Categories: MarsMissions

Satellite View Shows Opportunity Mars Rover Still Hard at Work 10 Years On

Ten years to the day after the Opportunity rover launched to Mars, the HiRISE camera on the Mars Reconnaissance Orbiter snapped this image of the rover, still toiling away on the surface of Mars. The white dot in the image is Oppy, as the rover was crossing the level ground called “Botany Bay” on its way to a rise called “Solander Point.” We’re looking into whether there’s a way to determine if the rover was actually moving at the time the image was taken.

This, of course, is not the first time HiRISE has found the various rovers on Mars’ surface. Images from orbit help rover drivers find safe routes, as well as helping to identify enticing science targets for future investigation.

“The Opportunity team particularly appreciates the color image of Solander Point because it provides substantially more information on the terrains and traverse that Opportunity will be conducting over the next phase of our exploration of the rim of Endeavour crater,” said Mars Science Laboratory Project Scientist Matt Golombek, from JPL.

an oblique, northward-looking view based on stereo orbital imaging, shows the location of Opportunity on its journey from Cape York to Solander Point when HiRISE took the new color image. Endeavour Crater is about 14 miles (22 kilometers) in diameter. The distance from Cape York to Solander Point is about 1.2 miles (2 kilometers). The red line indicates the path the rover has driven. Credit: NASA/JPL-Caltech/Univ. of Arizona.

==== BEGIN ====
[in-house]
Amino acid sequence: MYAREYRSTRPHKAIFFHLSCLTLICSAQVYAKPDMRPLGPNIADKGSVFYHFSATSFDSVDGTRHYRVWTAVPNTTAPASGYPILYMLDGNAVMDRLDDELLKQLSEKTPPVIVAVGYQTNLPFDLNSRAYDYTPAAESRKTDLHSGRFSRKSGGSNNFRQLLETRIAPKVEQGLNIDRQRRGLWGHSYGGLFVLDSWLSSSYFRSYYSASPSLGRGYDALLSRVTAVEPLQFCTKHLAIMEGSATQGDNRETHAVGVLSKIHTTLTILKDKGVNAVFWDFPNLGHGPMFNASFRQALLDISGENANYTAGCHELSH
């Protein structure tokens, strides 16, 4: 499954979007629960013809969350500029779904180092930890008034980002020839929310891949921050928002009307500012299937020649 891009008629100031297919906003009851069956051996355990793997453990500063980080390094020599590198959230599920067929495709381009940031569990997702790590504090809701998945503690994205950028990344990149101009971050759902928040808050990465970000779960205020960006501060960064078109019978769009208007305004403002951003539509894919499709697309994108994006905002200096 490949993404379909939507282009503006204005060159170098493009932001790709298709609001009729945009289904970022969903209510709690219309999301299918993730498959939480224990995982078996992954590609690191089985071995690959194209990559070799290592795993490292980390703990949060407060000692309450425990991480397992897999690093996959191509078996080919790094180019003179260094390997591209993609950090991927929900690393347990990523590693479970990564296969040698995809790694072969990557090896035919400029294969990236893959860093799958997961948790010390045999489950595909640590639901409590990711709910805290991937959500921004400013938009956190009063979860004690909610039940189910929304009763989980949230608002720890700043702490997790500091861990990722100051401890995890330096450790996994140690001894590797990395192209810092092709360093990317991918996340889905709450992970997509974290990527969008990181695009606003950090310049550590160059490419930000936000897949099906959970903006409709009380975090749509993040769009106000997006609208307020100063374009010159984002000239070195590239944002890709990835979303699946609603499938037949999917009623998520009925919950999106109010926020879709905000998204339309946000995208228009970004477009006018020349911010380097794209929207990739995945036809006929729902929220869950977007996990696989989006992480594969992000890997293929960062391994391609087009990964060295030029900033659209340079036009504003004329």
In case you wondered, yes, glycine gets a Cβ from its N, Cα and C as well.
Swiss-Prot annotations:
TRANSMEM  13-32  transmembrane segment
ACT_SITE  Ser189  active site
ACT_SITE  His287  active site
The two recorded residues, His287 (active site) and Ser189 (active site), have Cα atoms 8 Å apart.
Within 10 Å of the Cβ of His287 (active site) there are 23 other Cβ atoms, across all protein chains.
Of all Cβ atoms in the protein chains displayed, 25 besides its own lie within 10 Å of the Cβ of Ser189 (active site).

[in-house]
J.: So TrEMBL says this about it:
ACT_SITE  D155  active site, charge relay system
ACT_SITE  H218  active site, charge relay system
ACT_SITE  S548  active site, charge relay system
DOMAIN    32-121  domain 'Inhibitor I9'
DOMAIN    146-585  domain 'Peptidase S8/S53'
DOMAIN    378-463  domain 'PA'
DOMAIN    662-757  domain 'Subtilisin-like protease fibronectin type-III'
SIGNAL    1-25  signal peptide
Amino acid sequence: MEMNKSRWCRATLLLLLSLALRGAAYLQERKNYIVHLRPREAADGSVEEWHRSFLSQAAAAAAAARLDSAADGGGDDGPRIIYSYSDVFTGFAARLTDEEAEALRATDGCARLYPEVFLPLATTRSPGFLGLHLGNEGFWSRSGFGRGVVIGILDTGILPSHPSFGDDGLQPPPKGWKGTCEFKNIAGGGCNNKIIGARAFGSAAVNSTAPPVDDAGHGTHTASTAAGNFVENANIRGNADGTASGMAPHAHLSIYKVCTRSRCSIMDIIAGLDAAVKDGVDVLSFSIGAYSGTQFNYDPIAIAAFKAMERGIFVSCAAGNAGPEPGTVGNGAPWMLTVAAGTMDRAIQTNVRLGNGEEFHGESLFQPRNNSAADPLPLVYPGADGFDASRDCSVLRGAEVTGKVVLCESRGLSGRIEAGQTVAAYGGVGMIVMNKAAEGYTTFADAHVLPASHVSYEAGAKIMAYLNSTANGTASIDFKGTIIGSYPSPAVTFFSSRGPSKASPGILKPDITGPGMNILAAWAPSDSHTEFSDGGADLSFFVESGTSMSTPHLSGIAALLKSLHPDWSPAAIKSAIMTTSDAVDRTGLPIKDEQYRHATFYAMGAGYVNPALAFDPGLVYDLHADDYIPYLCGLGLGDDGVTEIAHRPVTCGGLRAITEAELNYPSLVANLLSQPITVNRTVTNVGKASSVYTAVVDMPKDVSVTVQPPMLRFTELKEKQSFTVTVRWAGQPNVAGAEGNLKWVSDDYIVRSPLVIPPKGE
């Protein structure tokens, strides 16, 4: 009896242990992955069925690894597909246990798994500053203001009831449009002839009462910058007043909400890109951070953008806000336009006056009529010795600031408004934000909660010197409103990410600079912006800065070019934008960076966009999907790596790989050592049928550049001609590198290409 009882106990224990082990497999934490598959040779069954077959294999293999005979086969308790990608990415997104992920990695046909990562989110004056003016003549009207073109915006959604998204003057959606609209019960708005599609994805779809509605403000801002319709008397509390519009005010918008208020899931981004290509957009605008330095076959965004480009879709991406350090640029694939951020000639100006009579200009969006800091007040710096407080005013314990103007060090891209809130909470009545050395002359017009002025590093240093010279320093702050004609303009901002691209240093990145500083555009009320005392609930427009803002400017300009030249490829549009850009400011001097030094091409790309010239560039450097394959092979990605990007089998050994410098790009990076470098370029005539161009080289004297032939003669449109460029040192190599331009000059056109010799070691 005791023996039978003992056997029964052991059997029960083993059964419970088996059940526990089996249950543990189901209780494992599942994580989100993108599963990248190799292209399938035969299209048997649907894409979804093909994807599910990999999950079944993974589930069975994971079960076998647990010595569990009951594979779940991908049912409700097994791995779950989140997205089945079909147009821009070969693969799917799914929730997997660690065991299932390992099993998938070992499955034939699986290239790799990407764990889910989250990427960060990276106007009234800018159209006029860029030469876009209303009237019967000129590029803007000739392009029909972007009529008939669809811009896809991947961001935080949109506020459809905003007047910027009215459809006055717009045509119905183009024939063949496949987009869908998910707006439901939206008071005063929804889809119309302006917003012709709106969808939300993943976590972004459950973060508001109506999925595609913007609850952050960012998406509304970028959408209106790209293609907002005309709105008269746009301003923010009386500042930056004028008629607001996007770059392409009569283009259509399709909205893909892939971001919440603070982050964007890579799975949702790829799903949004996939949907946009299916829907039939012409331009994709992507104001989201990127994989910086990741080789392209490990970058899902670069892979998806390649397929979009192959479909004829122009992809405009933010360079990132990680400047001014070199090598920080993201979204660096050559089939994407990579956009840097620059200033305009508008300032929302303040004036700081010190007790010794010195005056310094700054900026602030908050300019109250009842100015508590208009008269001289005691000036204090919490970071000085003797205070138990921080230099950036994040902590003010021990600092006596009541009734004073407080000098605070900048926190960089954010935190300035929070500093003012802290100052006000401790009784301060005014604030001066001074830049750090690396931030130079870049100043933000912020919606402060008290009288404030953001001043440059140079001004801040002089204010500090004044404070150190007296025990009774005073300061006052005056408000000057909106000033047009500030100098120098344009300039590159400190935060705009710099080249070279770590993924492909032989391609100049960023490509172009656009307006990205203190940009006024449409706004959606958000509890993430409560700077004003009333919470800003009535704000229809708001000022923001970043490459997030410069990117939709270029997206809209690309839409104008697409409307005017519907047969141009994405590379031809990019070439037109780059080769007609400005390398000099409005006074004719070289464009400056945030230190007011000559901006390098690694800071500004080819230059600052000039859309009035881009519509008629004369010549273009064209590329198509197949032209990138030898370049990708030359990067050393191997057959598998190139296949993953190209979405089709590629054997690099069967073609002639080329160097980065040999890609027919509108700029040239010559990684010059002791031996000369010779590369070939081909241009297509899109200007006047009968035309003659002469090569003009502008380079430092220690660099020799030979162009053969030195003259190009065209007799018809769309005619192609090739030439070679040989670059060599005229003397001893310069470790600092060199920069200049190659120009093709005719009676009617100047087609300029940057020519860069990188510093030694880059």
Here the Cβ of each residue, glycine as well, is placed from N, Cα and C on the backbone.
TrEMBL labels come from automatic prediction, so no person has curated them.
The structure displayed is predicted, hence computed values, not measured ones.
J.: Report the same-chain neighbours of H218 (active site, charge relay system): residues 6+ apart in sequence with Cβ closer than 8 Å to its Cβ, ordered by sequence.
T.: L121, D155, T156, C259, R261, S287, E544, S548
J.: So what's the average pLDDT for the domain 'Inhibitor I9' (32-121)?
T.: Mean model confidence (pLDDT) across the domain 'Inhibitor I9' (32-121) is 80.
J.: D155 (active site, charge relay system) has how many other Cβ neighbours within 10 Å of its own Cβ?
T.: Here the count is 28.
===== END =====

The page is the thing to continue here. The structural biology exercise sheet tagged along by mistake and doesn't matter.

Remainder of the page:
Opportunity currently holds the US space program’s all-time record for distance traversed on another planetary body at greater than 36 kilometers or 22 miles. The Lunar Reconnaissance Orbiter team recently confirmed that the Lunokhod 2 rover traveled 42 km (26 miles) on the Moon.

Opportunity was launched from on July 7, 2003, PDT and EDT (July 8, Universal Time). Opportunity has been on the western rim of 20-kilometer-diameter Endeavour Crater in Meridiani Planum for about two years investigating the 3 to 4 billion-year-old sedimentary layers of Cape York. Now the rover is traversing south to new science targets and a winter haven at Solander Point.

Keep on truckin’!

See more details at JPL and HiRISE.

Nancy Atkinson

Nancy has been with Universe Today since 2004, and has published over 6,000 articles on space exploration, astronomy, science and technology. She is the author of two books: "Eight Years to the Moon: the History of the Apollo Missions," (2019) which shares the stories of 60 engineers and scientists who worked behind the scenes to make landing on the Moon possible; and "Incredible Stories from Space: A Behind-the-Scenes Look at the Missions Changing Our View of the Cosmos" (2016) tells the stories of those who work on NASA's robotic missions to explore the Solar System and beyond. Follow Nancy on Twitter at https://twitter.com/Nancy_A and and Instagram at and https://www.instagram.com/nancyatkinson_ut/

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